[0020] Aspects of the present invention also provide a system for attaching an electronic device to and removing an electronic device from a substrate. The system includes an apparatus for attaching an electronic device to and removing an electronic device from a substrate. The apparatus includes an electronic device pick-up and vacuum head for applying a vacuum source to the electronic device for engaging, picking-up, and retaining the electronic device. Heat is transmitted by conduction through the structure of the device pick-up and vacuum head to the electronic device and solder for securing the electronic device on the substrate to heat the solder to its reflow temperature. The pick-up and vacuum head includes an electronic device engaging portion, a vacuum port, and a heat source engaging portion. The system also includes a vacuum source connected to the vacuum port and a heat source connected to the heat source engaging portion.

[0021] Additional aspects provide a method for attaching an electronic device to and removing an electronic device from a substrate. The method includes contacting an electronic device with an apparatus for conductively applying heat to the electronic device and picking up the electronic device. Solder for attaching the electronic device to the substrate is heated to the reflow temperature of the solder by applying heat to the device for conductively applying heat.

[0022] Still other objects and advantages of the present invention will become readily apparent by those skilled in the art from the following detailed description, wherein it is shown and described only the preferred embodiments of the invention, simply by way of illustration of the best mode contemplated of carrying out the invention. As will be realized, the invention is capable of other and different embodiments, and its several details are capable of modifications in various obvious respects, without departing from the invention. Accordingly, the drawings and description are to be regarded as illustrative in nature and not as restrictive.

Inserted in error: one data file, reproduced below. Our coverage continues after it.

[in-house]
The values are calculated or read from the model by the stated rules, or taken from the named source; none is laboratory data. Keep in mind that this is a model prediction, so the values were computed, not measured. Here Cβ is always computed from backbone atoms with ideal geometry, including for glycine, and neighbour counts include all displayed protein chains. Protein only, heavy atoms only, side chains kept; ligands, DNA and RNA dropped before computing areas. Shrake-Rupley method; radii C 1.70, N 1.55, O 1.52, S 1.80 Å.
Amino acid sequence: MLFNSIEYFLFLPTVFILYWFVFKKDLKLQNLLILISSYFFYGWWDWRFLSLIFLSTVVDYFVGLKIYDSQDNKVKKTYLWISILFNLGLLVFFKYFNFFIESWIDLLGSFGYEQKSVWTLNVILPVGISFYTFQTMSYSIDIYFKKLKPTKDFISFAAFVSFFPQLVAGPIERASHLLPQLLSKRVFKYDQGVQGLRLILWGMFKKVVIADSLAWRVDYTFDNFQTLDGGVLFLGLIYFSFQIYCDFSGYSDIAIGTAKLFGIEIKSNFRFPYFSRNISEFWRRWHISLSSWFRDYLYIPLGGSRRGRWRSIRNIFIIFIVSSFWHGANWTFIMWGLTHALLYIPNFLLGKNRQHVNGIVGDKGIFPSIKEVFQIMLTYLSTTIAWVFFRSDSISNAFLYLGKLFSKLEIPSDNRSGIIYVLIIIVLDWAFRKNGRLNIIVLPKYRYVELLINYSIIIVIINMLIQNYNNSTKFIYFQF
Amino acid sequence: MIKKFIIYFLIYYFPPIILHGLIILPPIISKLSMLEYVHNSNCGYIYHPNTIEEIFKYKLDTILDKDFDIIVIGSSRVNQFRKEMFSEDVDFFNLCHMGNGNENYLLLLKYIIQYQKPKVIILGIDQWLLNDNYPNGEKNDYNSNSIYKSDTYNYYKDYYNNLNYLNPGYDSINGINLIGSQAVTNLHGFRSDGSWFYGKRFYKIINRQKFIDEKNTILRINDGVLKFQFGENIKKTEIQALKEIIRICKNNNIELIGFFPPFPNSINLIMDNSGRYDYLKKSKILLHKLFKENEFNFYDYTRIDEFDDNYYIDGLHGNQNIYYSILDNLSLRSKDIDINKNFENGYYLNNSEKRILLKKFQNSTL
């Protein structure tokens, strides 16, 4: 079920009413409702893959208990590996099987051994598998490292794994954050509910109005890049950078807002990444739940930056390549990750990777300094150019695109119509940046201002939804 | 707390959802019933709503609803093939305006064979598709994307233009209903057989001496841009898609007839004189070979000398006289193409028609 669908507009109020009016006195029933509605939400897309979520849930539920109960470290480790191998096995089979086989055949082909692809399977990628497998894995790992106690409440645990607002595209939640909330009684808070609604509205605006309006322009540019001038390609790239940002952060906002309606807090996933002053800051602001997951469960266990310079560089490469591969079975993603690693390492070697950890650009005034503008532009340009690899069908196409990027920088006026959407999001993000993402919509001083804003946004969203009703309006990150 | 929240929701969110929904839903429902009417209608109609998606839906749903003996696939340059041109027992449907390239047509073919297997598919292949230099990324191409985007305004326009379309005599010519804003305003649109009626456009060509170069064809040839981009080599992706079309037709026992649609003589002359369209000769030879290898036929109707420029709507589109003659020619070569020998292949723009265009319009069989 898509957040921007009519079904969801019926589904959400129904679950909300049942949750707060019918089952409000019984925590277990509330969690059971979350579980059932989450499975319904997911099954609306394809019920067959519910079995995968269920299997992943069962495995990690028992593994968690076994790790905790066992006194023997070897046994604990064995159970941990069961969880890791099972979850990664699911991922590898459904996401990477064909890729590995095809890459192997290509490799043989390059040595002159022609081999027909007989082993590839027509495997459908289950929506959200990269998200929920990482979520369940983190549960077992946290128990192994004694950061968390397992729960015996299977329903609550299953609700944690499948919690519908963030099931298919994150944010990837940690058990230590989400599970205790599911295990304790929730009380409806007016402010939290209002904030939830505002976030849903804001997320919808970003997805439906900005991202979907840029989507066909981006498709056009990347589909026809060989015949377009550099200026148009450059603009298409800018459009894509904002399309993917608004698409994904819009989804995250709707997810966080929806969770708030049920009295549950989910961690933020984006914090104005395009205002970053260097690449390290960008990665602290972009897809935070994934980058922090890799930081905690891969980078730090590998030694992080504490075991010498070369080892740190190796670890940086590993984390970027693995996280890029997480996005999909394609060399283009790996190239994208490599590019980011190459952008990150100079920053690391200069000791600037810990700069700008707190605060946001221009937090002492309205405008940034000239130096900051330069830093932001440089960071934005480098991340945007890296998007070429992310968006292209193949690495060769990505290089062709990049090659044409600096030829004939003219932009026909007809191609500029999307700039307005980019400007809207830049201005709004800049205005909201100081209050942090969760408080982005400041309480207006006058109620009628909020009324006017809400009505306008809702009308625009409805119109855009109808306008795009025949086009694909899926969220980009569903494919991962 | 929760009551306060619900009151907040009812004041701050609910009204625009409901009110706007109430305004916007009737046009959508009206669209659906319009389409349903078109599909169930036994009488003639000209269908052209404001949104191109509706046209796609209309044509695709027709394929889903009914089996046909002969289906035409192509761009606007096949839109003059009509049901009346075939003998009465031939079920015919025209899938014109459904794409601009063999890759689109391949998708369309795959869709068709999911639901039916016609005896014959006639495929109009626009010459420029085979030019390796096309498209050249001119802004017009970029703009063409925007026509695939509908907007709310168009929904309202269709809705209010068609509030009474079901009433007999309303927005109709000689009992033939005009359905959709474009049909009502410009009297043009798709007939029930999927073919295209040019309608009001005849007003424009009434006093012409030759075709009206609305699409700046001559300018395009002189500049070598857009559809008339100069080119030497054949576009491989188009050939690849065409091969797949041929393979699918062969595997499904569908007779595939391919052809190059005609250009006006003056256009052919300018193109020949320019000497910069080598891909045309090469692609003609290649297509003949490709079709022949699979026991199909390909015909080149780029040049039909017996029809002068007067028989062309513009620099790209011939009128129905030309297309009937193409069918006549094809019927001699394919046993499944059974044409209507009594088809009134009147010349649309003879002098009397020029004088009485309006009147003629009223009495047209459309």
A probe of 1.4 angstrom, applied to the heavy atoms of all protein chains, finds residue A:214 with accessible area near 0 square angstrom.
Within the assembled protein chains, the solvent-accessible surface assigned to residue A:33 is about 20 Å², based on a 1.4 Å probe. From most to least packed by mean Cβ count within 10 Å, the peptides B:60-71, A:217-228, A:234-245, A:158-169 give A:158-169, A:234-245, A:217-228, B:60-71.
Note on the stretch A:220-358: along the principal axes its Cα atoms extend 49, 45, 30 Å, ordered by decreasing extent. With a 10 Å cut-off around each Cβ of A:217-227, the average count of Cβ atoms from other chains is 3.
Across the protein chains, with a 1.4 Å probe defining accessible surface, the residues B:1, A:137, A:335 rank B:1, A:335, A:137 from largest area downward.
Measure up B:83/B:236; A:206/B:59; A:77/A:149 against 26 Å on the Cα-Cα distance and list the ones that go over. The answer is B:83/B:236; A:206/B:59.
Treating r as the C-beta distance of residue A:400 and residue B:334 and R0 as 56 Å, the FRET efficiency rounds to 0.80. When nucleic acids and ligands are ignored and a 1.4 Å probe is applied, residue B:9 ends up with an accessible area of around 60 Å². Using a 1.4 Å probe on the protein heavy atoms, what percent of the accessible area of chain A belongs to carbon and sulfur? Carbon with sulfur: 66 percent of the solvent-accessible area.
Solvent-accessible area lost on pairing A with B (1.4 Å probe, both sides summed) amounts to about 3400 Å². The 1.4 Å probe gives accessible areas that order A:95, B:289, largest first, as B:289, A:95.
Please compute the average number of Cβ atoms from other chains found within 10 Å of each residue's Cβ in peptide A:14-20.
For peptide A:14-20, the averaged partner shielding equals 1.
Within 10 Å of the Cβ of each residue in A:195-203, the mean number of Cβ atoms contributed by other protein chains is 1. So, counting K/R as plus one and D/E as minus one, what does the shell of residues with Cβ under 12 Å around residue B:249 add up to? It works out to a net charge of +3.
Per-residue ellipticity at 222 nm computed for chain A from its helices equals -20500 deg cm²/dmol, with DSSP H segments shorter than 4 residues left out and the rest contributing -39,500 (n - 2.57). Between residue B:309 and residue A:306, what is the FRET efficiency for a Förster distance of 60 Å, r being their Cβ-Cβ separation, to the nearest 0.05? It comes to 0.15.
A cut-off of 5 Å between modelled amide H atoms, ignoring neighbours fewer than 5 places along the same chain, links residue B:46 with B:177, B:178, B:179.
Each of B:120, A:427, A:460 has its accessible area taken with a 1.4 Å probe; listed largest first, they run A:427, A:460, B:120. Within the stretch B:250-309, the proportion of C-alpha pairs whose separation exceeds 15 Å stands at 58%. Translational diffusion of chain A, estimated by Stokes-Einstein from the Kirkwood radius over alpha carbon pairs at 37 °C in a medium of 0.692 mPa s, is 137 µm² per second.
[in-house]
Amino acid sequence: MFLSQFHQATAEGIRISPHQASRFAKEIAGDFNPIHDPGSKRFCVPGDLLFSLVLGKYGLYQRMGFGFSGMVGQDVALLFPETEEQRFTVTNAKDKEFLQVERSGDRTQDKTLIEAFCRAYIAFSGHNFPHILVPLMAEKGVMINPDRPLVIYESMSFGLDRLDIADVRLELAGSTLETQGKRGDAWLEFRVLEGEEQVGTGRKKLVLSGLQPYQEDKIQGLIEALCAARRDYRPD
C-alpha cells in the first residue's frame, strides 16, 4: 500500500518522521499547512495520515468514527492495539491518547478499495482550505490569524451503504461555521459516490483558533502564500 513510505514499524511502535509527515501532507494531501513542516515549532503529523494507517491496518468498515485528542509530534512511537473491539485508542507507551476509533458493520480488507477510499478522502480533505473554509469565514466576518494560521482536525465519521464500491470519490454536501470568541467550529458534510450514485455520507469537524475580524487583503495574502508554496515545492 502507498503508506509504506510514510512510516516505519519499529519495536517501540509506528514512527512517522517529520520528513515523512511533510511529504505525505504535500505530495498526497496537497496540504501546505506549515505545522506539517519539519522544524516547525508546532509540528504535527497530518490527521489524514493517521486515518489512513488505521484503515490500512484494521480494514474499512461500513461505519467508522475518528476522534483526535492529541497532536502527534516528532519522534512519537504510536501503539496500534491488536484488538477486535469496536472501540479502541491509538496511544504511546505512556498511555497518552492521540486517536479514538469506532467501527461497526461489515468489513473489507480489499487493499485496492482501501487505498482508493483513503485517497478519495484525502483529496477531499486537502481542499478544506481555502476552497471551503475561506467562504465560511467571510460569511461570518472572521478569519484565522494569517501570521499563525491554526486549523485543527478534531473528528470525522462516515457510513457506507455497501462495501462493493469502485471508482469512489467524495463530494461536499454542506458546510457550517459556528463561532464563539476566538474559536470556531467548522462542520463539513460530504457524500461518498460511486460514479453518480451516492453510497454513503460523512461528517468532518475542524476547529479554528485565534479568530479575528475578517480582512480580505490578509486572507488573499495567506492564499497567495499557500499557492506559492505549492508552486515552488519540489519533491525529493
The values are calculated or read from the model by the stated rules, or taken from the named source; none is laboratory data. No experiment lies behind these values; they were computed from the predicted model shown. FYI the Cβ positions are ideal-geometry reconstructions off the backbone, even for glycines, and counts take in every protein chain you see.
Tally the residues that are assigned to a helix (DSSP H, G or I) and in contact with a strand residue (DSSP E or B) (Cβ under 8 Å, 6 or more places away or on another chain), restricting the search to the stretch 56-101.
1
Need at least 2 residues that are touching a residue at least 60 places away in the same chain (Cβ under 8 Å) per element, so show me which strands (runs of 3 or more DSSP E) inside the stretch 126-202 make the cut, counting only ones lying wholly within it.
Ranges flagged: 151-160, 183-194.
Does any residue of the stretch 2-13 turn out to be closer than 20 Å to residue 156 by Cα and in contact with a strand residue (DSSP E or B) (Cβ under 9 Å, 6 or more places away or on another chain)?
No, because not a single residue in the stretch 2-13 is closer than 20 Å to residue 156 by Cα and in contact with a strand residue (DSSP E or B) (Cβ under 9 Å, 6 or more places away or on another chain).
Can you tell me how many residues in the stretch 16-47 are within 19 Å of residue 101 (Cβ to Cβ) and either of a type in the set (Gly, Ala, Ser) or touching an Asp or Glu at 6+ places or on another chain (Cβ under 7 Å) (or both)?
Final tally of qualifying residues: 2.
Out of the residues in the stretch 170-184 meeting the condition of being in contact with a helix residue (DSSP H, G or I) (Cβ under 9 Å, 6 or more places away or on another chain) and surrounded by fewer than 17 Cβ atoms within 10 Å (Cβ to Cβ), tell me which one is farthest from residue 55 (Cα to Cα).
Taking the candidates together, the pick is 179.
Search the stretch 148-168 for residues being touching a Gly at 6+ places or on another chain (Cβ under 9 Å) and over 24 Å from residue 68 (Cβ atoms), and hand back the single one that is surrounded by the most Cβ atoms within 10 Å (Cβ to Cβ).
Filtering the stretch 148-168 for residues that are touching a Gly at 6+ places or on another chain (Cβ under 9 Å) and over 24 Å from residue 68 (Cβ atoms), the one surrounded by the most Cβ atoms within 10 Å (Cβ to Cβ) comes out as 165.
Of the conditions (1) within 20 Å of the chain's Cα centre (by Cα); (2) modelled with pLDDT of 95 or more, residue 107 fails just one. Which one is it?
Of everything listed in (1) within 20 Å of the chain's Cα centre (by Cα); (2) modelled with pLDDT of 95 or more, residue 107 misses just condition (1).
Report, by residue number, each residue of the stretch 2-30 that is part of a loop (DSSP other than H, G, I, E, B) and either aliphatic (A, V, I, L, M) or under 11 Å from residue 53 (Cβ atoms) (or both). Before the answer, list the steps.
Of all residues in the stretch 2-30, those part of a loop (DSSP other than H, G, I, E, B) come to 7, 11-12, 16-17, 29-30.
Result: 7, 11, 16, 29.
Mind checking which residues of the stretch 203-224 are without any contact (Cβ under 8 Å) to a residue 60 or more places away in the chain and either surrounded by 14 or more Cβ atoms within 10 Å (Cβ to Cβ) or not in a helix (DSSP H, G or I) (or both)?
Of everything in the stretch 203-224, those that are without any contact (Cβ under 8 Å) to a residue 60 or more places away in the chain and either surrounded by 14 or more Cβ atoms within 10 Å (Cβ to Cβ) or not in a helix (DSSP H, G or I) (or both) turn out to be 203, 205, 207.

BRIEF DESCRIPTION OF THE DRAWINGS

[0023] The above-mentioned objects and advantages of the present invention will be more clearly understood when considered in conjunction with the accompanying drawings, in which:

[0024]FIG. 1 represents a perspective partial cut-away view of an example of a prior art apparatus for introducing heat to an electronic device and solder balls for attaching the electronic device to and/or removing the electronic device from a substrate;

[0025]FIG. 2 represents a side view of an embodiment of an apparatus for removing and reattaching electronic devices to a substrate according to the present invention;

[0026]FIG. 3 represents a cross-sectional view of the embodiment illustrated in FIG. 2;

[0027]FIG. 4 represents a perspective view of the embodiments shown in FIGS. 2 and 3;

[0028]FIG. 5 represents a perspective view of an embodiment of an apparatus according to the present invention and a component feed tray, wherein the device according to the present invention is engaging a substrate to be removed from the feed tray and attached to a substrate;

[0029]FIG. 6 represents an embodiment of an apparatus for verifying alignment of an electronic component on an embodiment of a device according to the present invention;